- 1st Class – Firefighting: The firefighters of the UK’s 58 Fire and Rescue Authorities are well trained in tackling the types of incidents described below – but it wasn’t always the case. There has been evidence of organised firefighting in Britain since the Roman invasion of AD 43, but it took the Great Fire of London in1666 to move things forward. Insurance companies offering the first type of fire cover were formed, enabling citizens to pay to protect their home or business in the unfortunate event of a fire. The same firms also established private fire brigades specifically to respond to emergency calls from their policy-holders. Nine years after the Edinburgh Fire Engine Establishment was created in 1824, several London insurance companies merged to set up the first London fire brigade, laying the foundations for the modern fire service. Modern day firefighters working for the UK’s Fire and Rescue Services are primed and ready to deal with a wide range of emergencies. Every shout is different from the last – from house fires caused by faulty electrical appliances or out-of-control barbecues to warehouse blazes, factory fires or arson attacks.
- 54p – Chemical Fire:Most of Britain’s Fire and Rescue Services have at least one chemical incident unit whose firefighters have been trained to deal with emergencies involving hazardous materials. Key roles include the containment of spillages, decontamination and environmental protection. Specialist apparatus, which varies between units, includes: radiation-monitoring equipment, chemical containment and absorption materials, leak-sealing equipment, foam concentrate, pumps for pumping up industrial chemicals, and drain blockers.
- 56p – Emergency Rescue:According to figures for 2007 released by the Department for Transport, there were a total of 182,115 road accidents involving personal injury, of which 27,036 involved death or serious injury. First on the scene of many road traffic accidents are members of the Fire and Rescue Service. In addition to putting out vehicle fires, the fire crew must ensure that the surrounding area is made safe and the spillage of any hazardous substance is contained. In more serious collisions, firefighters are involved in freeing individuals trapped in the wreckage.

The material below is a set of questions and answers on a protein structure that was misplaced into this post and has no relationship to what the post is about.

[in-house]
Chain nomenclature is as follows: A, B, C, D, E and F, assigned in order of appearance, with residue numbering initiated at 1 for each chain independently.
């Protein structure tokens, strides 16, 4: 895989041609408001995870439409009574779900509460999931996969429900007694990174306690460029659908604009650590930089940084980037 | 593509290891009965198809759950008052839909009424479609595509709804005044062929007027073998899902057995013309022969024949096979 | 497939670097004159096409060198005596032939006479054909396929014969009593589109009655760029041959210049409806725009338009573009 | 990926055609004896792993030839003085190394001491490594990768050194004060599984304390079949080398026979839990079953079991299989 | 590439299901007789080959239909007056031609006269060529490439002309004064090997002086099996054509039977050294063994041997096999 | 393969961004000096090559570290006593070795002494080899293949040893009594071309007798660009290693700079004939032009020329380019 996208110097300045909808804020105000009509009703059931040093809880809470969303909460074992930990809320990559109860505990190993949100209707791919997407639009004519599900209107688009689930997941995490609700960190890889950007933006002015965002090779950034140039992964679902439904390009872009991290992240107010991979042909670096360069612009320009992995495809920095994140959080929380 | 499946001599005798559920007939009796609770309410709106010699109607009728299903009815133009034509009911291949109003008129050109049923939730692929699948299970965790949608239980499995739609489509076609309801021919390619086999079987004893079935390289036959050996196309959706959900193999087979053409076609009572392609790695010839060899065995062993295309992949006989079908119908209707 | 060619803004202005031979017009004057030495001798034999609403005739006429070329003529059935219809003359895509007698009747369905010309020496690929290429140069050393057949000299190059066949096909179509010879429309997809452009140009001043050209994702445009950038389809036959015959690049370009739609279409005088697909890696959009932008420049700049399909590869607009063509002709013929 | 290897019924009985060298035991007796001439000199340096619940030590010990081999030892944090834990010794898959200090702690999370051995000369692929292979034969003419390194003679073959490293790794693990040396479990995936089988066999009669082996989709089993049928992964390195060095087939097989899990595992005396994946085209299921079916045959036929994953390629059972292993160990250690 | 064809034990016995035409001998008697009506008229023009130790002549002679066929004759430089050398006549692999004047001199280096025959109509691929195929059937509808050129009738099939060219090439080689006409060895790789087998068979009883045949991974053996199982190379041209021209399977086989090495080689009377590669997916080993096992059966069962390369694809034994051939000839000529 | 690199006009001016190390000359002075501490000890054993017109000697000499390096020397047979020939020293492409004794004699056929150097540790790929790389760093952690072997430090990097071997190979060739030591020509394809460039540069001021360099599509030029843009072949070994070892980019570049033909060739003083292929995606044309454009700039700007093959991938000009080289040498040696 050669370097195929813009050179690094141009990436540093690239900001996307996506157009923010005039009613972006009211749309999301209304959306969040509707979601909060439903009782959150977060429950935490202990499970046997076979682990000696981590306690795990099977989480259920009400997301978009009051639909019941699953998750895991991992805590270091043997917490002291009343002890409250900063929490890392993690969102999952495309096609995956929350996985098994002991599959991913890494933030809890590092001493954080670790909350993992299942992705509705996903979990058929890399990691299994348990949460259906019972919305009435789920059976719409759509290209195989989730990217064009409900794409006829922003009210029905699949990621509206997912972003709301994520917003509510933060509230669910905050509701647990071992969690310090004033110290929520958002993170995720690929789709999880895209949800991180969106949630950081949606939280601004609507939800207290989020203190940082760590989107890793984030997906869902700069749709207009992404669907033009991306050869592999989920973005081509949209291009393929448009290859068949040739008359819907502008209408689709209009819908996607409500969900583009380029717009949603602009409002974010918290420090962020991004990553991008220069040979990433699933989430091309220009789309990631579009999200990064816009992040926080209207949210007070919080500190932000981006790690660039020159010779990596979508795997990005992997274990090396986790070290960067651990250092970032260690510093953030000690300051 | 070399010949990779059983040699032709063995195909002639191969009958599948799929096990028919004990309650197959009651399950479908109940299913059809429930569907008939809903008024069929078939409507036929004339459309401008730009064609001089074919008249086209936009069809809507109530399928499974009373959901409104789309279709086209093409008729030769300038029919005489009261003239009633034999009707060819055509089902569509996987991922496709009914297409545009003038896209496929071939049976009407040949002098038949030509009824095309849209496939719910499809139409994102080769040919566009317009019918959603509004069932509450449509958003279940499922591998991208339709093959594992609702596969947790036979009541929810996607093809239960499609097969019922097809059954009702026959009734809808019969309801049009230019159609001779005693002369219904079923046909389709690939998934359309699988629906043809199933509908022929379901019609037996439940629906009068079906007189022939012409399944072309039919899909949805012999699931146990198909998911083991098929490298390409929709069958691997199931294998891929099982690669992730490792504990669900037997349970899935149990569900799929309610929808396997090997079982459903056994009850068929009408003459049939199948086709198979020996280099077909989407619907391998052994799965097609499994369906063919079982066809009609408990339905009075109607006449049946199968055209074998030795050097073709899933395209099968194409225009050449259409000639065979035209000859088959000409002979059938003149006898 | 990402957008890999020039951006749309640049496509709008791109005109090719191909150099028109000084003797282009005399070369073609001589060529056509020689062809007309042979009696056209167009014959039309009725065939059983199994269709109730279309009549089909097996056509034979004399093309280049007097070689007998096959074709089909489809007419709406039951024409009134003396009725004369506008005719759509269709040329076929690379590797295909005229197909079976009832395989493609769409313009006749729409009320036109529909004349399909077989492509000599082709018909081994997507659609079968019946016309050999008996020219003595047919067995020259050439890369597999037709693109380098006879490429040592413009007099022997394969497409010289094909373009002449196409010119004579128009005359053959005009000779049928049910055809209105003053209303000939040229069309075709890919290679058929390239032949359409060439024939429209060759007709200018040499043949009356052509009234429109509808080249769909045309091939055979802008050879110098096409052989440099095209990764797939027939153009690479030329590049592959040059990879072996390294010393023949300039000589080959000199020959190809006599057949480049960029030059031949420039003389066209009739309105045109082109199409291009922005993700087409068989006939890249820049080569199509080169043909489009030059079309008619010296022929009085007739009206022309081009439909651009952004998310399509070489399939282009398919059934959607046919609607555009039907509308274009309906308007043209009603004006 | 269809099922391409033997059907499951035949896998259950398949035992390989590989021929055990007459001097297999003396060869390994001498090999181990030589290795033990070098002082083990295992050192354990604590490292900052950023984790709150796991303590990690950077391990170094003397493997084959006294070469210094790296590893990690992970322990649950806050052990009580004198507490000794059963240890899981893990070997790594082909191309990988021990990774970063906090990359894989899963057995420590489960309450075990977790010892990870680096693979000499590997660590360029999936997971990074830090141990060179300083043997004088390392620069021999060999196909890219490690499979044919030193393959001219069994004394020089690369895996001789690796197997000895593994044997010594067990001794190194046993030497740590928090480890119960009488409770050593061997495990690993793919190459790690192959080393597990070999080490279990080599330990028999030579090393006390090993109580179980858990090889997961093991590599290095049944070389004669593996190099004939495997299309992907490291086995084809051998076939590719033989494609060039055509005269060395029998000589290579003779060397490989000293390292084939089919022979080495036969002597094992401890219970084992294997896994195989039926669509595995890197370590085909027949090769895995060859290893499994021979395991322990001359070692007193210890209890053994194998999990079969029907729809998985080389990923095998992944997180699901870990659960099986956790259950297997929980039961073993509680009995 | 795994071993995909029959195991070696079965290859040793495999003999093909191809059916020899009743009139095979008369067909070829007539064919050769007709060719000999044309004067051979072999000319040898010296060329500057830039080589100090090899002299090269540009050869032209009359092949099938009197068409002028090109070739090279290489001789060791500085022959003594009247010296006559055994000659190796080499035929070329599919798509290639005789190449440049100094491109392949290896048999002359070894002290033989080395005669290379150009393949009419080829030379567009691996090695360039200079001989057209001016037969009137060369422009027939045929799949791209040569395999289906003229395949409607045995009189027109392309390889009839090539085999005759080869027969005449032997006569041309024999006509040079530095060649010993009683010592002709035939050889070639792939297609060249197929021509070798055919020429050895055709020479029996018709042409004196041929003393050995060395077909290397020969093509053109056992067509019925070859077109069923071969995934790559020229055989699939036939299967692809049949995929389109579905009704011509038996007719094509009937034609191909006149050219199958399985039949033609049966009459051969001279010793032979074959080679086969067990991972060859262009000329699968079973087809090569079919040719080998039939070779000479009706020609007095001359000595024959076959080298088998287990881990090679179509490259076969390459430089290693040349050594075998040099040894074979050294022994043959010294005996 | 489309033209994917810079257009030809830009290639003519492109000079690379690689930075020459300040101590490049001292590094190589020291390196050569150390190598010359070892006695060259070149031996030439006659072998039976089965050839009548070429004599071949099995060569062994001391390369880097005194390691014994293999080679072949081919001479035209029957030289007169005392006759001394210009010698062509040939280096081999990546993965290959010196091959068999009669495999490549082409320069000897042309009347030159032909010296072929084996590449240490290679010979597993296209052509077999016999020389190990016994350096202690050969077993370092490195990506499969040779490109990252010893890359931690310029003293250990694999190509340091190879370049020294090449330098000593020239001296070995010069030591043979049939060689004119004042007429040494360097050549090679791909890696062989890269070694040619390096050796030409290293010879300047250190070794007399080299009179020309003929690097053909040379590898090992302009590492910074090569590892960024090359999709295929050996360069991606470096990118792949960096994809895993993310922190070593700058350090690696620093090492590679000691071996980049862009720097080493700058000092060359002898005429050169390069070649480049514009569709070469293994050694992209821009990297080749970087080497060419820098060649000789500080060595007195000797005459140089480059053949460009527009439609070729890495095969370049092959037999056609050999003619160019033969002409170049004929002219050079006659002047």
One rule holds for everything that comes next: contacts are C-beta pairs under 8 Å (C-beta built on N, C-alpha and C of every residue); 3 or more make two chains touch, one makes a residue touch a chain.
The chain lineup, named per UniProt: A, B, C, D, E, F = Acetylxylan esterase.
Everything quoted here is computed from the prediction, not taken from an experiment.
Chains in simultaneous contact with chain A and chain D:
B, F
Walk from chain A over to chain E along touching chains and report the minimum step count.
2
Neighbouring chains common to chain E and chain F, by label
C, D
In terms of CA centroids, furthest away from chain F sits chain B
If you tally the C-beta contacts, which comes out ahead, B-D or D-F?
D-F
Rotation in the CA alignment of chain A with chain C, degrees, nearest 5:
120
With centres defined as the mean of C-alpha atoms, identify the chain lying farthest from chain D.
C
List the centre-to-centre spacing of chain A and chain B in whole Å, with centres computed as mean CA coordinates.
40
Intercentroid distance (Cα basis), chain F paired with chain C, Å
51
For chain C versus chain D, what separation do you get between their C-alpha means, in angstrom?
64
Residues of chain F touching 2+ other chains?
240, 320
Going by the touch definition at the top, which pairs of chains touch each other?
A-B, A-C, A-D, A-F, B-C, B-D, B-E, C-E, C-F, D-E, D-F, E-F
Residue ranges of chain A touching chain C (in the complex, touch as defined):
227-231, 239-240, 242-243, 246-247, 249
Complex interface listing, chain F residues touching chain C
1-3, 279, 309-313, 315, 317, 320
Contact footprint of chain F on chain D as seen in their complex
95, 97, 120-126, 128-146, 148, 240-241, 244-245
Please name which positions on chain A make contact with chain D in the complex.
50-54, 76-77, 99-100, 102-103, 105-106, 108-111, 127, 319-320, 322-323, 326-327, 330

- 62p – Flood Rescue:According to the Environment Agency, around 5million people in England and Wales now live in flood risk areas, and with the UK’s weather becoming evermore extreme, the nation’s Fire and Rescue Services now play a key role in responding to flood-related emergencies. In summer 2007, widespread flooding placed great demands on the fire service. More than 55,000 homes and businesses were flooded, with over 9,000 people rescued. In terms of scale, the Fire Brigades Union described the rescue effort as ‘the biggest in peacetime Britain’.
- 81p – Search and Rescue:Firefighters with training in urban search and rescue (USAR) techniques use specialist equipment to lift, cut away and remove debris from collapsed buildings and damaged vehicles to make the area safe enough to search for casualties trapped inside. Members of each USAR unit are trained to use a range of specialist apparatus, including listening devices, communication probes, technical search cameras, cutting, drilling and breaking tools, heavy-capacity airbags, and propping and shoring equipment. Specially adapted vehicles are also used in USAR work.
- 90p – Fire Safety:Fire authorities across the UK have a long tradition of maintaining vital links within their local communities. From school visits and fire prevention talks to safety checks and smoke alarm tests in the home, local fire services play an important role in community life. In 2002 the London Fire Brigade established Local Intervention Fire Education (LIFE) – an intensive five-day course that enables young people to learn a range of skills, including handson firefighting, first aid and fire prevention. LIFE has since been adopted by a number of regional fire services.
Technical details:Designed by Rose Design the six 37 x 35mm stamps are printed in gravure by De La Rue Security Print Ltd. Perforations are 14 x 14½ and phosphor is 'all over'.Photographic.
Remark:Nice true Royal mail FDC with great design.